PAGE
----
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SMEs invest three working weeks a year on tax compliance
A new study, prepared by the Federation of Small Businesses (FSB), has found that the UK’s average small business spends nearly three working weeks every 12 months complying with tax rules.
This costs SMEs around £5,000 a year on average, according to the survey of 1,000 small businesses.
Of the challenges they face, around half (46 per cent) say determining the tax rates at which they are required to pay is most difficult, while a further 40 per cent say that reliefs and exemptions are too confusing.
Payroll functions, such as PAYE and National Insurance (NICs), and VAT are deemed the most time-consuming by SMEs, with the average small business estimating that it spends around 95 hours a year on these tasks.
Specialist professional advisers are used by 77 per cent of SMEs to ensure their taxes are paid correctly, with almost all choosing the services of a qualified accountant.
Of the issues they face, 47 per cent say business rates have made it harder to grow their firm, with a similar proportion saying Corporation Tax has had a similar effect. Meanwhile, 44 per cent said that their plans had been stifled by employers’ NICs.
Mike Cherry, FSB National Chairman, said: “We hear a lot about the need to simplify the UK tax code.
“In fact, our priority should be simplification of the tax compliance process. Small firms, by and large, understand a tax like VAT, for example, but the sheer complexity of VAT administration means they spend 44 hours a year filing returns.”
When asked about changes to tax compliance, the majority (53 per cent) say the ability to pay in instalments would make the process less burdensome. Nearly half (52 per cent) also said that they would like an early estimation of their tax.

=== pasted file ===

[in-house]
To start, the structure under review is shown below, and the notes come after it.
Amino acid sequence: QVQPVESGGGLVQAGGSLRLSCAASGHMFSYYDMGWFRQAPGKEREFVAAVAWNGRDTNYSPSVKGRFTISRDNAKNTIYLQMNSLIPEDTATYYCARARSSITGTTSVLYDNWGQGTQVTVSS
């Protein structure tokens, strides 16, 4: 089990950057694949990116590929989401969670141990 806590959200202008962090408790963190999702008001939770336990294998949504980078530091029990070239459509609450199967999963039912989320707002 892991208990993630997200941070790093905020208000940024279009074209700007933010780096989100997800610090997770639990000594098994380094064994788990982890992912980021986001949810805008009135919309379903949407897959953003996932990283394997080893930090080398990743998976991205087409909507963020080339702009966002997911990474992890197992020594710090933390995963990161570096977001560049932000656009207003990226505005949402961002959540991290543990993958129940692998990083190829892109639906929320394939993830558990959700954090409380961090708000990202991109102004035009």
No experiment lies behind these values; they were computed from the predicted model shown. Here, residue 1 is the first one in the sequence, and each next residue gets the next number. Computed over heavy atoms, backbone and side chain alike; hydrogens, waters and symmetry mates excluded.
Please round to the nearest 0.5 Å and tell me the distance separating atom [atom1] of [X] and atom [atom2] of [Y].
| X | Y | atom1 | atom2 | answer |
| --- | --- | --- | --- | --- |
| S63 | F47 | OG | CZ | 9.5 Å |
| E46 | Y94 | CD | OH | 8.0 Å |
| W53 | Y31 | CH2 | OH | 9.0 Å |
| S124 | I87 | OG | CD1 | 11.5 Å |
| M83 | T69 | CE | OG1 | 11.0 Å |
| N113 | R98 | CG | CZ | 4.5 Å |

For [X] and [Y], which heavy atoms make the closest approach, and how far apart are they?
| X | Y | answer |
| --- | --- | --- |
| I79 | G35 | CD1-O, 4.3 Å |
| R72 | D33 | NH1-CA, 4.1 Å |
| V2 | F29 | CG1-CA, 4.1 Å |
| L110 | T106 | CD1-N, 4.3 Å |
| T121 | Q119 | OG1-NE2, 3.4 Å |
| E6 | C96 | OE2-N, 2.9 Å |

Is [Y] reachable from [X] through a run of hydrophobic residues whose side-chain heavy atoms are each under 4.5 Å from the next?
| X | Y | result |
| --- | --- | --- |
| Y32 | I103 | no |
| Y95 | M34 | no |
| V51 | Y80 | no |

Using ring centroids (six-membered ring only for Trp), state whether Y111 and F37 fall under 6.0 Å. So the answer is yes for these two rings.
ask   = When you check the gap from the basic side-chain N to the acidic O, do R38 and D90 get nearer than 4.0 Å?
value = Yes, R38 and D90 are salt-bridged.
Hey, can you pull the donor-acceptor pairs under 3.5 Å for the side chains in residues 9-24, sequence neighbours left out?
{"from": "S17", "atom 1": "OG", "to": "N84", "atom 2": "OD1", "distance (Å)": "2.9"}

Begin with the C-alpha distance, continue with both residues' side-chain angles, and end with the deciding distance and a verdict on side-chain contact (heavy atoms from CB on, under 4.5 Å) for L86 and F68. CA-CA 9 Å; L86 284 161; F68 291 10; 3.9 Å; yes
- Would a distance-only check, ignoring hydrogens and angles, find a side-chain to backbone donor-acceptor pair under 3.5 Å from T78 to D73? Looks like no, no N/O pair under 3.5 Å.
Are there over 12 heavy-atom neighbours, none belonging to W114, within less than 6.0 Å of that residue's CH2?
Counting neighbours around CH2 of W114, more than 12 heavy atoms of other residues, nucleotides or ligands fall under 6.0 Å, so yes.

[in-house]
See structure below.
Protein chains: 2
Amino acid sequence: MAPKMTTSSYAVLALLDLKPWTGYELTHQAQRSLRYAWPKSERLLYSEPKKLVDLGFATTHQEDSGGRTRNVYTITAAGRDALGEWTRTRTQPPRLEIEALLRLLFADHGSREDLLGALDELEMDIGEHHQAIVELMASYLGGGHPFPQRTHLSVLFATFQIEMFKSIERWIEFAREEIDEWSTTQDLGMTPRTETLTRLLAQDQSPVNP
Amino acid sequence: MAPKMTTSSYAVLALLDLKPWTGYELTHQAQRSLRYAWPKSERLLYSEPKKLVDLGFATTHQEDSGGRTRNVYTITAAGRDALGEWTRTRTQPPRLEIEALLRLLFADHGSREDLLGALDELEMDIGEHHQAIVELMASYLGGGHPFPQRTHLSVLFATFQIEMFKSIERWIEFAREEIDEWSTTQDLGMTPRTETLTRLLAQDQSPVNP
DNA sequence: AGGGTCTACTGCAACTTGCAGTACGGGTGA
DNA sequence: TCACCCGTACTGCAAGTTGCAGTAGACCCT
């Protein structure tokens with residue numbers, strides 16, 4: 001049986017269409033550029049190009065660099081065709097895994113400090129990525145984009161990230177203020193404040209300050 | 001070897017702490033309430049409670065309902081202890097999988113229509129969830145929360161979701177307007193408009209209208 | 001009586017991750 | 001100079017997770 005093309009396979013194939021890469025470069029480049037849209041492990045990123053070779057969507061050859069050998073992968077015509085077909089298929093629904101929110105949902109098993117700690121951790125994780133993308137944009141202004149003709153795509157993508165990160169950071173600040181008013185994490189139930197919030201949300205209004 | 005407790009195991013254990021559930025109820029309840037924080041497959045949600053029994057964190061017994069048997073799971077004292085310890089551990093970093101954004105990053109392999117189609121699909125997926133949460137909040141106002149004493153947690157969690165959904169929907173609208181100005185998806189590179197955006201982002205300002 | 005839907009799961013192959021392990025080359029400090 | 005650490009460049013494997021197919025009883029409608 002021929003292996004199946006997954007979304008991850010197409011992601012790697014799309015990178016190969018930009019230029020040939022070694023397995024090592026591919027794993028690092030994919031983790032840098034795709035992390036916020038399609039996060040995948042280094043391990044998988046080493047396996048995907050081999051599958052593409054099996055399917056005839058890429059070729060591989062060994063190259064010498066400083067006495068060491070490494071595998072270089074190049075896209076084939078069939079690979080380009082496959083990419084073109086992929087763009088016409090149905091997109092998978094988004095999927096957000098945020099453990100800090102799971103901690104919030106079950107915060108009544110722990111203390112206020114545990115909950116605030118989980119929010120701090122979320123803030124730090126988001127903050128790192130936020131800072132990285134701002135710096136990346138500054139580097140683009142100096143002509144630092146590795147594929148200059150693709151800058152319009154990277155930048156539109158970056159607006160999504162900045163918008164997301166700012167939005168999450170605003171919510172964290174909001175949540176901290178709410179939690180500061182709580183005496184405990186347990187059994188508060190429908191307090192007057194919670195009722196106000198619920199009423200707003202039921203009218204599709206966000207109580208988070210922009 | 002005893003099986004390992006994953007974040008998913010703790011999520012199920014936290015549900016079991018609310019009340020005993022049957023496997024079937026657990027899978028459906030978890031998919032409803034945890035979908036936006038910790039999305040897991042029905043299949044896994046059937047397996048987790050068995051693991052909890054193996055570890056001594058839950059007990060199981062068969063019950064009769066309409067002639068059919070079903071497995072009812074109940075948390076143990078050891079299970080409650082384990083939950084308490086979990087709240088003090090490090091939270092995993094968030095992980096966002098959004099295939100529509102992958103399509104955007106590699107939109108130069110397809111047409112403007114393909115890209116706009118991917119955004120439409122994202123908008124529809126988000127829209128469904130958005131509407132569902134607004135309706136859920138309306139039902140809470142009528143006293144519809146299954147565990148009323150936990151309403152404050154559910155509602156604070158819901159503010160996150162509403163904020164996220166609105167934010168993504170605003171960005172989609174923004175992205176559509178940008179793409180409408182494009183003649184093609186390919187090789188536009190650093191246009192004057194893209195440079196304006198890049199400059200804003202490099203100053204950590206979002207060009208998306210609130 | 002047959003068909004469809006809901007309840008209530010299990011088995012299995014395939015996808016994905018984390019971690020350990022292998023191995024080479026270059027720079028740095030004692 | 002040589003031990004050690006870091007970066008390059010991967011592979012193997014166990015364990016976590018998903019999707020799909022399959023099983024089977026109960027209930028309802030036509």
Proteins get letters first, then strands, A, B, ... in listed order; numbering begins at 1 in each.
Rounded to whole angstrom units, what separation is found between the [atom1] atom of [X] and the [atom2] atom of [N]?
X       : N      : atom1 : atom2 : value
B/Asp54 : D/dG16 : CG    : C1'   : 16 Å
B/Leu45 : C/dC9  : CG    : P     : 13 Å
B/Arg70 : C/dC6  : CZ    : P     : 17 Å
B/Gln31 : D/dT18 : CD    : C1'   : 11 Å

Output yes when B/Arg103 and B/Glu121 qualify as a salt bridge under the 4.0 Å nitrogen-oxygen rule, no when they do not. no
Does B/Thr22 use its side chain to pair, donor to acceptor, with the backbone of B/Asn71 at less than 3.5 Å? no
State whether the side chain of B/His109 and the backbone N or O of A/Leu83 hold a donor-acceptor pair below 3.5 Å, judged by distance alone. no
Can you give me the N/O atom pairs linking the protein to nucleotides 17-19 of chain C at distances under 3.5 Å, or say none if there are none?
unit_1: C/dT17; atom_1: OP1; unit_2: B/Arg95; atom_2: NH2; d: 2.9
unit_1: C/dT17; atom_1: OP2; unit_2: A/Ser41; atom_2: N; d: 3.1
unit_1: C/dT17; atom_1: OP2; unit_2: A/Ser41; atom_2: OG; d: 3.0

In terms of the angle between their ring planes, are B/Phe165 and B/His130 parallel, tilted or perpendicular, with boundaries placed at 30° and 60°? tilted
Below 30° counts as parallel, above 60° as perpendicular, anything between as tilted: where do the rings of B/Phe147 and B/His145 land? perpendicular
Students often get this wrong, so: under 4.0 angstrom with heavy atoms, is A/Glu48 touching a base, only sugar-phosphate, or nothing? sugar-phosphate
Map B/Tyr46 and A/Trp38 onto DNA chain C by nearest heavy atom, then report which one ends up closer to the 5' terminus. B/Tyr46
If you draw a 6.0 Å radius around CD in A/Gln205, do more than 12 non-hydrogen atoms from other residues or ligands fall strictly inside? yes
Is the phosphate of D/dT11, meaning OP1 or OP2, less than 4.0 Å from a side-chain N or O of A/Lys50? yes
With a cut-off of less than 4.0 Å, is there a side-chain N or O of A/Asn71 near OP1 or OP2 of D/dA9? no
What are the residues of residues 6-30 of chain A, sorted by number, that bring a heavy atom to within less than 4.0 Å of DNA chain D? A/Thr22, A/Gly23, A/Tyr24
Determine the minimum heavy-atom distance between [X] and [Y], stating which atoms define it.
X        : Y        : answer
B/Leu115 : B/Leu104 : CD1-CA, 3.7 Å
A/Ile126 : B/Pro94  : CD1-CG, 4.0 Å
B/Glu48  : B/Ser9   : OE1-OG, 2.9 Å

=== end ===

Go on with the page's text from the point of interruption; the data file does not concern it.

Of those asked, 40 per cent also said that the automation of tax calculations would be useful.
The Taxing Times report prepared by the FSB also revealed that 55 per cent of small firms are not aware of tax reliefs available to them, while 73 per cent had not heard of either the business rates relief offered to those based in enterprise zones or the enhanced capital allowance for clean technologies.
In comparison, 78 per cent were aware of, or had claimed, small business rates relief, while two thirds had used standard capital allowances. The majority (51 per cent) had also used the dividend allowance.
Mr Cherry added: “There are lots of useful tax reliefs out there but many small firms simply don’t know they exist or don’t have the expertise to access them.
“Lots of firms actually employ consultancies to help them apply for R&D tax credits, for example. When applications are complex, it is big firms, not time-strapped small business owners, which stand to gain.
“There needs to be a real push from local and central Government to ensure small firms are aware of all the reliefs available.”
Link: FSB Study